This Republican obstruction began long before President Obama’s recent recess appointment of a handful of Executive branch nominees needed for the Consumer Financial Protection Bureau and the National Labor Relations Board to function.  Indeed, despite three years of delays and across-the-board obstruction of his judicial nominations, President Obama has not recess appointed a single judicial nominee.  That is something President Bush did, not President Obama.  Senate Democrats that year consented to consider noncontroversial judicial nominations, confirming a total of 205 circuit and district court nominations in President Bush’s first term and lowering judicial vacancies dramatically.  In fact, the Senate proceeded to an up-or-down vote and confirmed one the judicial nominees President Bush had recess appointed, William Pryor to the Eleventh Circuit. 

Senate Republicans have been blocking votes on 18 of the President’s judicial nominees since last year.   Eight of the judicial nominations Republicans are blocking were reported unanimously by the Judiciary Committee in September and October last year.  Another five nominations were reported in November, and four in December.  All of these judicial nominations could and should have been considered by the Senate last year.  Indeed, when Republicans held up scores of nominees in December, including these judicial nominees, they did so to “punish” the administration for not assuring them that the President would not use  his recess appointment power.  That delay, now of more than two months, has already taken a measure of revenge.  They continue to hurt the country by engaging in more obstruction and delay now to seek a double measure of retaliation.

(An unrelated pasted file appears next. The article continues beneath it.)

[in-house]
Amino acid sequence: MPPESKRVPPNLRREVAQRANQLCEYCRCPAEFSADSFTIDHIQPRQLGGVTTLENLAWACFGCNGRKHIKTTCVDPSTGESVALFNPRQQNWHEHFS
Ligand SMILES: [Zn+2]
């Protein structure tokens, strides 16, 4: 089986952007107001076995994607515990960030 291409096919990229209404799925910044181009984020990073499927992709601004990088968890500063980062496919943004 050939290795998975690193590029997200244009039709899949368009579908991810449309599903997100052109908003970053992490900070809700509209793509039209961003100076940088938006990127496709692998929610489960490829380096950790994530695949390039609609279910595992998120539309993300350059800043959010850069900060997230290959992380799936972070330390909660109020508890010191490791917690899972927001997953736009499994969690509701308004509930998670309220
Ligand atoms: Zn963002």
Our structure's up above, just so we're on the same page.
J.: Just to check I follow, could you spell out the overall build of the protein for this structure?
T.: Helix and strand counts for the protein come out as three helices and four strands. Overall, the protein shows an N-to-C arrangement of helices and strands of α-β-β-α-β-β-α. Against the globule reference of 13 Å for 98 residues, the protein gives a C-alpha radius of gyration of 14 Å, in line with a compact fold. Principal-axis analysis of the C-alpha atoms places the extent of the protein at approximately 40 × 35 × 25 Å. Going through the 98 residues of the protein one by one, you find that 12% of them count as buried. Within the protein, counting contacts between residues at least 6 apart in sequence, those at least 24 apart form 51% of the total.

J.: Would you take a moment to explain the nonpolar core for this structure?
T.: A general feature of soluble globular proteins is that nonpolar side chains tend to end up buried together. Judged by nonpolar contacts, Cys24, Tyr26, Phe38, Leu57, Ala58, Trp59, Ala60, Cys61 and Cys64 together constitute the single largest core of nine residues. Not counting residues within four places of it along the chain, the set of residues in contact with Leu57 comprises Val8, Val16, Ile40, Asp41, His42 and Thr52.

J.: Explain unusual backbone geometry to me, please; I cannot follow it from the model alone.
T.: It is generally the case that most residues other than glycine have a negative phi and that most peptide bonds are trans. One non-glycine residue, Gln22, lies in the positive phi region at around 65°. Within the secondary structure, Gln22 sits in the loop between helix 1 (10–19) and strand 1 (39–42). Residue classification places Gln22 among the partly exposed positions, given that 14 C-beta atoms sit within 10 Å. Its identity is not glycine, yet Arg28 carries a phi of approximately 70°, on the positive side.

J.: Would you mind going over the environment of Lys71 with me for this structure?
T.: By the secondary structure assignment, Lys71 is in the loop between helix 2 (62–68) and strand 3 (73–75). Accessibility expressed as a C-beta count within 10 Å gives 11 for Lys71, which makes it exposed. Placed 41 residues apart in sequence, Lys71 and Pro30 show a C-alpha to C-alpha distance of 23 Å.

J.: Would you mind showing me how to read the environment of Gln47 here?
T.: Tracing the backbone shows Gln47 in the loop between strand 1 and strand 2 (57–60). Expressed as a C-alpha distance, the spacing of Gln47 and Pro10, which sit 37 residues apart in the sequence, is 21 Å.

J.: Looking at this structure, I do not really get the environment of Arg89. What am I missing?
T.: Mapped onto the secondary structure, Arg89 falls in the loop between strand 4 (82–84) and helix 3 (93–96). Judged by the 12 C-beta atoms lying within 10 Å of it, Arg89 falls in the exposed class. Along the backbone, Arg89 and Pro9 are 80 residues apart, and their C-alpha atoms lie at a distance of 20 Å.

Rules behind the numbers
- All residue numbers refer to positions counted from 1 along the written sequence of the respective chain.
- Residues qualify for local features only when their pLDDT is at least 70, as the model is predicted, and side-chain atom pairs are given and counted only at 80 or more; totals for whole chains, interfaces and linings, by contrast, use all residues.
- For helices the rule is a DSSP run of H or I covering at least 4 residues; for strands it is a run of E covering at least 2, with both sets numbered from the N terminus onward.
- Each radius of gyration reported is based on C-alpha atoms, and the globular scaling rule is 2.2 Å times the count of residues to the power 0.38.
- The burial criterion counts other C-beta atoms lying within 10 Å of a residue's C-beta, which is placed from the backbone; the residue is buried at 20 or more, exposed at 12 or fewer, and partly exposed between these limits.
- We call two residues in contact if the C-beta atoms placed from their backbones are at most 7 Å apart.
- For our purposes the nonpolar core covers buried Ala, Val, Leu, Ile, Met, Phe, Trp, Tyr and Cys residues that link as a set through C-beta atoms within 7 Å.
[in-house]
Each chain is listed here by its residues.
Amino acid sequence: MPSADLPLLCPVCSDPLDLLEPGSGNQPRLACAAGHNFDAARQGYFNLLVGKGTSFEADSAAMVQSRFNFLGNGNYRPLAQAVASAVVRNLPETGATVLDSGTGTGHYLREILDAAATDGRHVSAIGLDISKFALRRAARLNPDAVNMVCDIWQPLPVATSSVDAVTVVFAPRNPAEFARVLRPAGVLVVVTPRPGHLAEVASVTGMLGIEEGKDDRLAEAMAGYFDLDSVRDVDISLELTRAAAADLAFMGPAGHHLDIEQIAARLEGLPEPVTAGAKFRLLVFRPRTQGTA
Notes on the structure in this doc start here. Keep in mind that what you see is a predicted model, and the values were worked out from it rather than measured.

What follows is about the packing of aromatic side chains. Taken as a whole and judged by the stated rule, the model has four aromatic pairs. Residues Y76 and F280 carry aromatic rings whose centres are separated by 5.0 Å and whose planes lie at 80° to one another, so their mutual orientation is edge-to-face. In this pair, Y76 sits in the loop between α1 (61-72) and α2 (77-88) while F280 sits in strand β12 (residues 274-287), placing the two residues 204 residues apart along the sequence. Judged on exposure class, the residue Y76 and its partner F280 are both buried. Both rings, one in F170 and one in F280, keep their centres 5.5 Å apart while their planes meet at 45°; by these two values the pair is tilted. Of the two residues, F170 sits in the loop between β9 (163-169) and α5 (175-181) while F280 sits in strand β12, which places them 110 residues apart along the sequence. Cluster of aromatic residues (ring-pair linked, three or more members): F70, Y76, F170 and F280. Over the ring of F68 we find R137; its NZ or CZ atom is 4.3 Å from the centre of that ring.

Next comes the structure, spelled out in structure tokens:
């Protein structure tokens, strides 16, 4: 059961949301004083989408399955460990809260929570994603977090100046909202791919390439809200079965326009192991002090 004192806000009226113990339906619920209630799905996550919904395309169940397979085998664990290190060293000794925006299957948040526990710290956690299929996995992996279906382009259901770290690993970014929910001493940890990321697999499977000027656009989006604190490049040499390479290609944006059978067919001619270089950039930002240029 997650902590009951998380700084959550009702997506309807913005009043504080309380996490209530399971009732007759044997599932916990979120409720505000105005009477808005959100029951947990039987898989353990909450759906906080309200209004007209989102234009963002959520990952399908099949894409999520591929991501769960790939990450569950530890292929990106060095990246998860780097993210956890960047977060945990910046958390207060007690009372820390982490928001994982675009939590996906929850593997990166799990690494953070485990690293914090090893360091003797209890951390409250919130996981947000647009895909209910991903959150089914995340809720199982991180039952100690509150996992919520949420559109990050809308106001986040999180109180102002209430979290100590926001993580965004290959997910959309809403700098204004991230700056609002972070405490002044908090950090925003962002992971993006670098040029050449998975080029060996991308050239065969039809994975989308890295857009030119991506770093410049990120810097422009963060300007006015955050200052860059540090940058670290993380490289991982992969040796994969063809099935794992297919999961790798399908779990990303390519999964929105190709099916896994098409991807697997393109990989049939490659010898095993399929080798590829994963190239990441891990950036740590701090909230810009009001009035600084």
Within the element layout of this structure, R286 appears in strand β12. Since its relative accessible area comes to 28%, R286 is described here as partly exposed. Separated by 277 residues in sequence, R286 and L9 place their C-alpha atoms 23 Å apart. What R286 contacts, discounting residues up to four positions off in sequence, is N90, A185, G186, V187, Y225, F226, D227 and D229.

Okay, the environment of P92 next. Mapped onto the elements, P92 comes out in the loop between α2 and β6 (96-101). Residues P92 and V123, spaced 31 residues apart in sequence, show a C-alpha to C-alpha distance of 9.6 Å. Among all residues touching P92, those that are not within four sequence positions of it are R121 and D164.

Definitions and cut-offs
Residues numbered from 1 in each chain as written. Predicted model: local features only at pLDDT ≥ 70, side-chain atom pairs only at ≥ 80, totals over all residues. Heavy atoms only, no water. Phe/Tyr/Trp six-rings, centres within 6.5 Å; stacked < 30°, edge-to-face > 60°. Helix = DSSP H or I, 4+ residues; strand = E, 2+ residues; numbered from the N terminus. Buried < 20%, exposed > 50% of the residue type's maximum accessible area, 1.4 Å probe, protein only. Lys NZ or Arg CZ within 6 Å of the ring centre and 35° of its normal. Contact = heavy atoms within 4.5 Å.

Instead of exacerbating the conflict, Senate Republicans should reconsider their tactics and moderate their use of filibusters and stalling. This President has reached out to work with Senators from both parties with respect to judicial nominations.  Every one of the 19 judicial nominations awaiting final Senate action has the support of his or her home state Senators, Republican as well as Democratic. There is no excuse for continued stalling of President Obama’s consensus judicial nominees.  The courts and the country cannot afford another year of across-the-board delays of President Obama’s judicial nominations. I urge votes on Jesse Furman for the Southern District of New York, Cathy Bencivengo for the Southern District of California, Gina Groh for the Northern District of West Virginia, Margo Brodie for the Southern District of New York, Adalberto Jordan for the Eleventh Circuit, Beth Phillips for the Western District of Missouri, Thomas Rice for the Eastern District of Washington, David Nuffer for the District of Utah, Stephanie Thacker for the Fourth Circuit, Michael Fitzgerald for the Central District of California, Ronnie Abrams for the Southern District of New York, Rudolph Contreras for the District of Washington DC, Susie Morgan for the Eastern District of Louisiana, Jacqueline Nguyen for the Ninth Circuit, Gregg Costa for the Southern District of Texas, David Guaderrama for the Western District of Texas, and Brian Wimes for the Eastern and Western Districts of Missouri.